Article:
Divorcing couples and their cars


The vast majority of cases are not theft. They are civil disputes and for this reason we would initially recommend speaking to a solicitor or Citizens Advice.

Author: Polly Davies
Reading time: 3 minutes

This article is 4 months old.

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Our member sold a Jaguar, and more than 12 months later, the new owner discovered the car was HPI “stolen” when he came to part exchange it. This was not the case at the point of sale. The car had been reported as stolen by the previous owner some months after his wife had sold it during their particularly acrimonious divorce. 

His wife presumably considered it her property, although for divorce purposes a car is usually a matrimonial asset and divorcing couples are advised to agree between them what will become of their vehicle(s).

Unfortunately, this is not the first time we have been asked for advice where our member has become unwittingly involved, having purchased a vehicle from one half of a divorcing couple without the other knowing about it. 

West Yorkshire Police provide clear advice in this eventuality:

I’m having a dispute with an ex-partner or spouse about who owns the car

Whether a person is the owner of a vehicle is a question for a court to decide. 

Facts to consider are:

  • the way the person treats or uses the vehicle
  • whether they have insurance for it
  • whether they’ve spent money on its purchase and upkeep

A registration document (V5) is not proof of ownership. The DVLA make a point of saying that the person named on the V5 is not necessarily the owner. They are considered responsible for the vehicle by the police and DVLA, but the owner is the person who paid for the car, or to whom it was given as a gift.

Cars used by married couples are usually considered joint-owned.


It’s an offence for a person to dishonestly take property belonging to someone else with the intention of permanently depriving them of it.

It’s not considered dishonest if a person has a genuine belief that:

  • they have a legal right to the property
  • the other person would consent if they knew of the taking and the circumstances of it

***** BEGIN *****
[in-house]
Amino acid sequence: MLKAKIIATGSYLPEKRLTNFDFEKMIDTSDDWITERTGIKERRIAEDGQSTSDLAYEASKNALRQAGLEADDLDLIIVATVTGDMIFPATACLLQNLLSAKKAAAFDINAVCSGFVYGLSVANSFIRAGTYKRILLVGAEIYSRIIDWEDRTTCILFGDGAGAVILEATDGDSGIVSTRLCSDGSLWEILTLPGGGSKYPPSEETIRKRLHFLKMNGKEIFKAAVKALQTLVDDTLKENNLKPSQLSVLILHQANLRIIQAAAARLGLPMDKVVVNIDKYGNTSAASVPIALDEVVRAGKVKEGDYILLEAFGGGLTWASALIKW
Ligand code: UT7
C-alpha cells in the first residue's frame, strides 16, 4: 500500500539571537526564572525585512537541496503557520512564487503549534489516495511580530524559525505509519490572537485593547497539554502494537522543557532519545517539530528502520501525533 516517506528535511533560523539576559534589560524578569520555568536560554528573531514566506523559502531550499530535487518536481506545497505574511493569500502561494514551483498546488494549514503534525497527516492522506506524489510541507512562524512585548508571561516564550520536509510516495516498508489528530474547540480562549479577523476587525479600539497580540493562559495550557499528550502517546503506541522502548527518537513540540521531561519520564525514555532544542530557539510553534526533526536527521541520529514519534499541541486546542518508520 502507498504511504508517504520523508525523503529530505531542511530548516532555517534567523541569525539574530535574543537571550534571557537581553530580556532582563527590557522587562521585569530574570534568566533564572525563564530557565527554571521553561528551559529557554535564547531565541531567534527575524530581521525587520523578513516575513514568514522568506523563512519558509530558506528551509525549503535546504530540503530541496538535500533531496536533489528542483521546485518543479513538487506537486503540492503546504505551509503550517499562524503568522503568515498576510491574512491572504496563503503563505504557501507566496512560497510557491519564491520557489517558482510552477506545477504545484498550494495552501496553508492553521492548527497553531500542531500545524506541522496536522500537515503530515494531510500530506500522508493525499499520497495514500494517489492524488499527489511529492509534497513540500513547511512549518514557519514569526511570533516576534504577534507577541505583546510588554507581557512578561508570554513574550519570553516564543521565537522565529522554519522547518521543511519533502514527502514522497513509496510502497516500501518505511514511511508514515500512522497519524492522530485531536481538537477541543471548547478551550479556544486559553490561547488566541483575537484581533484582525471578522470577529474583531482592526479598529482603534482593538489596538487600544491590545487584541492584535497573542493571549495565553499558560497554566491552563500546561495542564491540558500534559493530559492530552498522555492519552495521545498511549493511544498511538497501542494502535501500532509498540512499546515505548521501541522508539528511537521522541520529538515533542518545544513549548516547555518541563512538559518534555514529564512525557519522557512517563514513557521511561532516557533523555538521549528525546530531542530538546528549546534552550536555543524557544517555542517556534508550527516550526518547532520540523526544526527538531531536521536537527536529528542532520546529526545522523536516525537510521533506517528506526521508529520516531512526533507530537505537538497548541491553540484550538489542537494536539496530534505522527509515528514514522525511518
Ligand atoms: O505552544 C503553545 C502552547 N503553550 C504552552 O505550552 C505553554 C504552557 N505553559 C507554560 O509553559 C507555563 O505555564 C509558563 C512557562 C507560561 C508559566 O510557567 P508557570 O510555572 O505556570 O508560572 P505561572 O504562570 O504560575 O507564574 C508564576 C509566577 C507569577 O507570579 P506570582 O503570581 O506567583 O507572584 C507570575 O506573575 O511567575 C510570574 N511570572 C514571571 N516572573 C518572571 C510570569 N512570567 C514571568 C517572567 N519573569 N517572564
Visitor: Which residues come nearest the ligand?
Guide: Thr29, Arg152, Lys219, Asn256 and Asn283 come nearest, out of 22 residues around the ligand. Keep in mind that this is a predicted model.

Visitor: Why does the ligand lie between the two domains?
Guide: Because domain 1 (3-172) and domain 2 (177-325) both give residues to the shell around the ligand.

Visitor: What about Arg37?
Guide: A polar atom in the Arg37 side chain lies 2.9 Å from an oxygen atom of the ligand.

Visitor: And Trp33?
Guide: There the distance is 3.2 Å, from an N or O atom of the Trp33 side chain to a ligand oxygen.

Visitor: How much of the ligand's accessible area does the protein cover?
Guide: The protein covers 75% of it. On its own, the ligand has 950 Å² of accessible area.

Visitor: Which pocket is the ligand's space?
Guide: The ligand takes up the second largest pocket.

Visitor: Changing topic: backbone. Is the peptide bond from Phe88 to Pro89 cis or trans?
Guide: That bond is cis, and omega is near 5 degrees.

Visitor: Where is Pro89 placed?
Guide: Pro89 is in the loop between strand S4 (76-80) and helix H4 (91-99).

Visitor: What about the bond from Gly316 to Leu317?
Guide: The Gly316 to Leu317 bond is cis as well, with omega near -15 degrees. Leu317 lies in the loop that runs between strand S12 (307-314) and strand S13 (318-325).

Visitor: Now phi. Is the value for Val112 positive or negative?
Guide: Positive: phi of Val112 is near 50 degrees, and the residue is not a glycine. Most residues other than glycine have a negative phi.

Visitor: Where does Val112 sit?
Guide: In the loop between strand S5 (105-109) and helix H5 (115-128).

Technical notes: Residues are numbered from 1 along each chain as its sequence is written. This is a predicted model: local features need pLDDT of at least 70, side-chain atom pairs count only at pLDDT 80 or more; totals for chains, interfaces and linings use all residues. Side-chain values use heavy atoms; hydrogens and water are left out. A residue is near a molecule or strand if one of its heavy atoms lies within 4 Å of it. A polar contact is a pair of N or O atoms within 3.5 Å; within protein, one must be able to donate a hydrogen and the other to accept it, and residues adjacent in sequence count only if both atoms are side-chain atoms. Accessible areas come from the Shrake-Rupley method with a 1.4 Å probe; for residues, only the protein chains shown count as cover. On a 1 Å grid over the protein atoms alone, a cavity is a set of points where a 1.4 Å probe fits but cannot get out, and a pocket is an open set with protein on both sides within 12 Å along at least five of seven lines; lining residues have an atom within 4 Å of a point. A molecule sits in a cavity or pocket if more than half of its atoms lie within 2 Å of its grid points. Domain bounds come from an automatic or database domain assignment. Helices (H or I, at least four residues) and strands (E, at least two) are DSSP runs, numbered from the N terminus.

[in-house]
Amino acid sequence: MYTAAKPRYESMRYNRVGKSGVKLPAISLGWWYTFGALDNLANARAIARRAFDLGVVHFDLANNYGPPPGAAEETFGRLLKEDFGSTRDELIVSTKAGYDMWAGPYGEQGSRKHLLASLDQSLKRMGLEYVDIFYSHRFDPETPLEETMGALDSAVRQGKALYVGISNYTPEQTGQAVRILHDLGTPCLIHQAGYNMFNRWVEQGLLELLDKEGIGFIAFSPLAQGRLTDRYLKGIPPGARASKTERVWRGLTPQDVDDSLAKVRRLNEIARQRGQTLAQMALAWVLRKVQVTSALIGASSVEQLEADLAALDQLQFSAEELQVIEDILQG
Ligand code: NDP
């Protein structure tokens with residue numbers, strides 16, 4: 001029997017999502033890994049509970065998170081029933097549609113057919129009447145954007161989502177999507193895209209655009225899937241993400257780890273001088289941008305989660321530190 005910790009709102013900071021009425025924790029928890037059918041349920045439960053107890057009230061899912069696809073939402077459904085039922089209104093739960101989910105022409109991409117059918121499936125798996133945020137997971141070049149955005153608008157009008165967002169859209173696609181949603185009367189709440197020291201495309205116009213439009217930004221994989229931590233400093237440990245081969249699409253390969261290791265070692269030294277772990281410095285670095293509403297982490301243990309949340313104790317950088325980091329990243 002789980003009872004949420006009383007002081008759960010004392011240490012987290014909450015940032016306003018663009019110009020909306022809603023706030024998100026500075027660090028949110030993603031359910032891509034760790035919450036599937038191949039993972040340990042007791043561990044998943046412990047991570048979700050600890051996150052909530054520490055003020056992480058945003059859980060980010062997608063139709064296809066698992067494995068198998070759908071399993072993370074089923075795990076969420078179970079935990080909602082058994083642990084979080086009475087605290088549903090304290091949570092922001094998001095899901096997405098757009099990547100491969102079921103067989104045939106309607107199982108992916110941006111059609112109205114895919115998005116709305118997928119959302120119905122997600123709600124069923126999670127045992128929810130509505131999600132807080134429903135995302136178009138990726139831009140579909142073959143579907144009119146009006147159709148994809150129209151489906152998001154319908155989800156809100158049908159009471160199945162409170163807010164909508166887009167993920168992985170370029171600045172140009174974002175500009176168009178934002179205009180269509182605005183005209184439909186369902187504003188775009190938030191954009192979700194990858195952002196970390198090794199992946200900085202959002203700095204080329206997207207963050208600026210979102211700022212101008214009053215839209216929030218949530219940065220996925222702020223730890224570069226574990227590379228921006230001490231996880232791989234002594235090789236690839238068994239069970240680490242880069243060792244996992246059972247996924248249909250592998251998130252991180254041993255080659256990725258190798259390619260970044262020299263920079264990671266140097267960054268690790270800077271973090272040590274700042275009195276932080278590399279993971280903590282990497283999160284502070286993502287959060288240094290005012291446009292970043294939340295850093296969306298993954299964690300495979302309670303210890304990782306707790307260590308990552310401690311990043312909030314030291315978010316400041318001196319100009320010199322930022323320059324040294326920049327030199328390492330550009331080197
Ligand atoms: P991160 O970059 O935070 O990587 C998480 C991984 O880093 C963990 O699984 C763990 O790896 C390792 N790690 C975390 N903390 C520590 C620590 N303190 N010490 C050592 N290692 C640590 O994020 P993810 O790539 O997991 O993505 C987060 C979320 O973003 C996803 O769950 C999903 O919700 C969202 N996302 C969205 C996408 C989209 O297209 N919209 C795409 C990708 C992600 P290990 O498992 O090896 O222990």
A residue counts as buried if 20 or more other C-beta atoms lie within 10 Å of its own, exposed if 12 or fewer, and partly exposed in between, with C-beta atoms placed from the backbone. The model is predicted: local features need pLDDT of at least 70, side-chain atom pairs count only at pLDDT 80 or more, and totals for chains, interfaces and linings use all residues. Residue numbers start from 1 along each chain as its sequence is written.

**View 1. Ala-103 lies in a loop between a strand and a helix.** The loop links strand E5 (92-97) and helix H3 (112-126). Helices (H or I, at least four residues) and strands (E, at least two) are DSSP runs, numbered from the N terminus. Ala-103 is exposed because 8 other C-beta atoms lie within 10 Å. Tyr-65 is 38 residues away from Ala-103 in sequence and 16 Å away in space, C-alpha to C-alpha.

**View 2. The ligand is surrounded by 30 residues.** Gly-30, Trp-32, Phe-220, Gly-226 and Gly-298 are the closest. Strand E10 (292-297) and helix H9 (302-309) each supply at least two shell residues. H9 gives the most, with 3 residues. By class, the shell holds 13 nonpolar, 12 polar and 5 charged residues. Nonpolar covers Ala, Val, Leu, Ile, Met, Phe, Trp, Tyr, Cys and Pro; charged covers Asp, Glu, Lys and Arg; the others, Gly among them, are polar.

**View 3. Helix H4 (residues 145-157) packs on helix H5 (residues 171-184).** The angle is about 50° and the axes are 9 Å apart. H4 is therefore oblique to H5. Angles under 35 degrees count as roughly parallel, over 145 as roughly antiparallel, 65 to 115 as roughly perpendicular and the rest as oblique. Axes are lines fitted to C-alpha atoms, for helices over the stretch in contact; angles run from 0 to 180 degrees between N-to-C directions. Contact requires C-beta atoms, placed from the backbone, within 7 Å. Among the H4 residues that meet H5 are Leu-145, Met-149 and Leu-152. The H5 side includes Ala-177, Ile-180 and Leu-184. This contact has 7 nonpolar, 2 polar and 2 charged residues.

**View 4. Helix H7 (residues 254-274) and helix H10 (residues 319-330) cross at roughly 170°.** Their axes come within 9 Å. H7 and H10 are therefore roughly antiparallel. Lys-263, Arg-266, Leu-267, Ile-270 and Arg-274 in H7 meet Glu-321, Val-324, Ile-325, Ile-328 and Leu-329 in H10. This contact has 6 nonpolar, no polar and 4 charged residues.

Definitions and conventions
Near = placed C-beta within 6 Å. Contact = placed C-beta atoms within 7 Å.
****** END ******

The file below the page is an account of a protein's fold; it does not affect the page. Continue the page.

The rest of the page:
• the owner couldn’t be traced by taking what a court would consider reasonable steps

The vast majority of cases are not theft. They are civil disputes and for this reason we would initially recommend speaking to a solicitor or 
Citizens Advice. If they recommend reporting the matter to us, please call our non-emergency number 101.



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Getting a car returned to you

If you’re the legal owner of the vehicle and your ex-partner or spouse has it, you can either:

  • require its return and seek a court order to this effect, or
  • sue them for its cost; you’ll need to seek legal advice from a solicitor to do this

Given the above advice, it is somewhat surprising that in our member’s case, the police considered the car stolen following the husband’s report and the car was marked as such by HPI. The police confirmed to our member they “had no interest” in the car, but conflictingly HPI claimed there to be an ongoing investigation, so would not remove the HPI. It is extremely frustrating when administration goes wrong but unfortunately, it does happen. 

We believe the marker should be removed and the husband should be speaking to his divorce lawyer about a remedy in the financial settlement. 

Polly Davies

Legal Advisor

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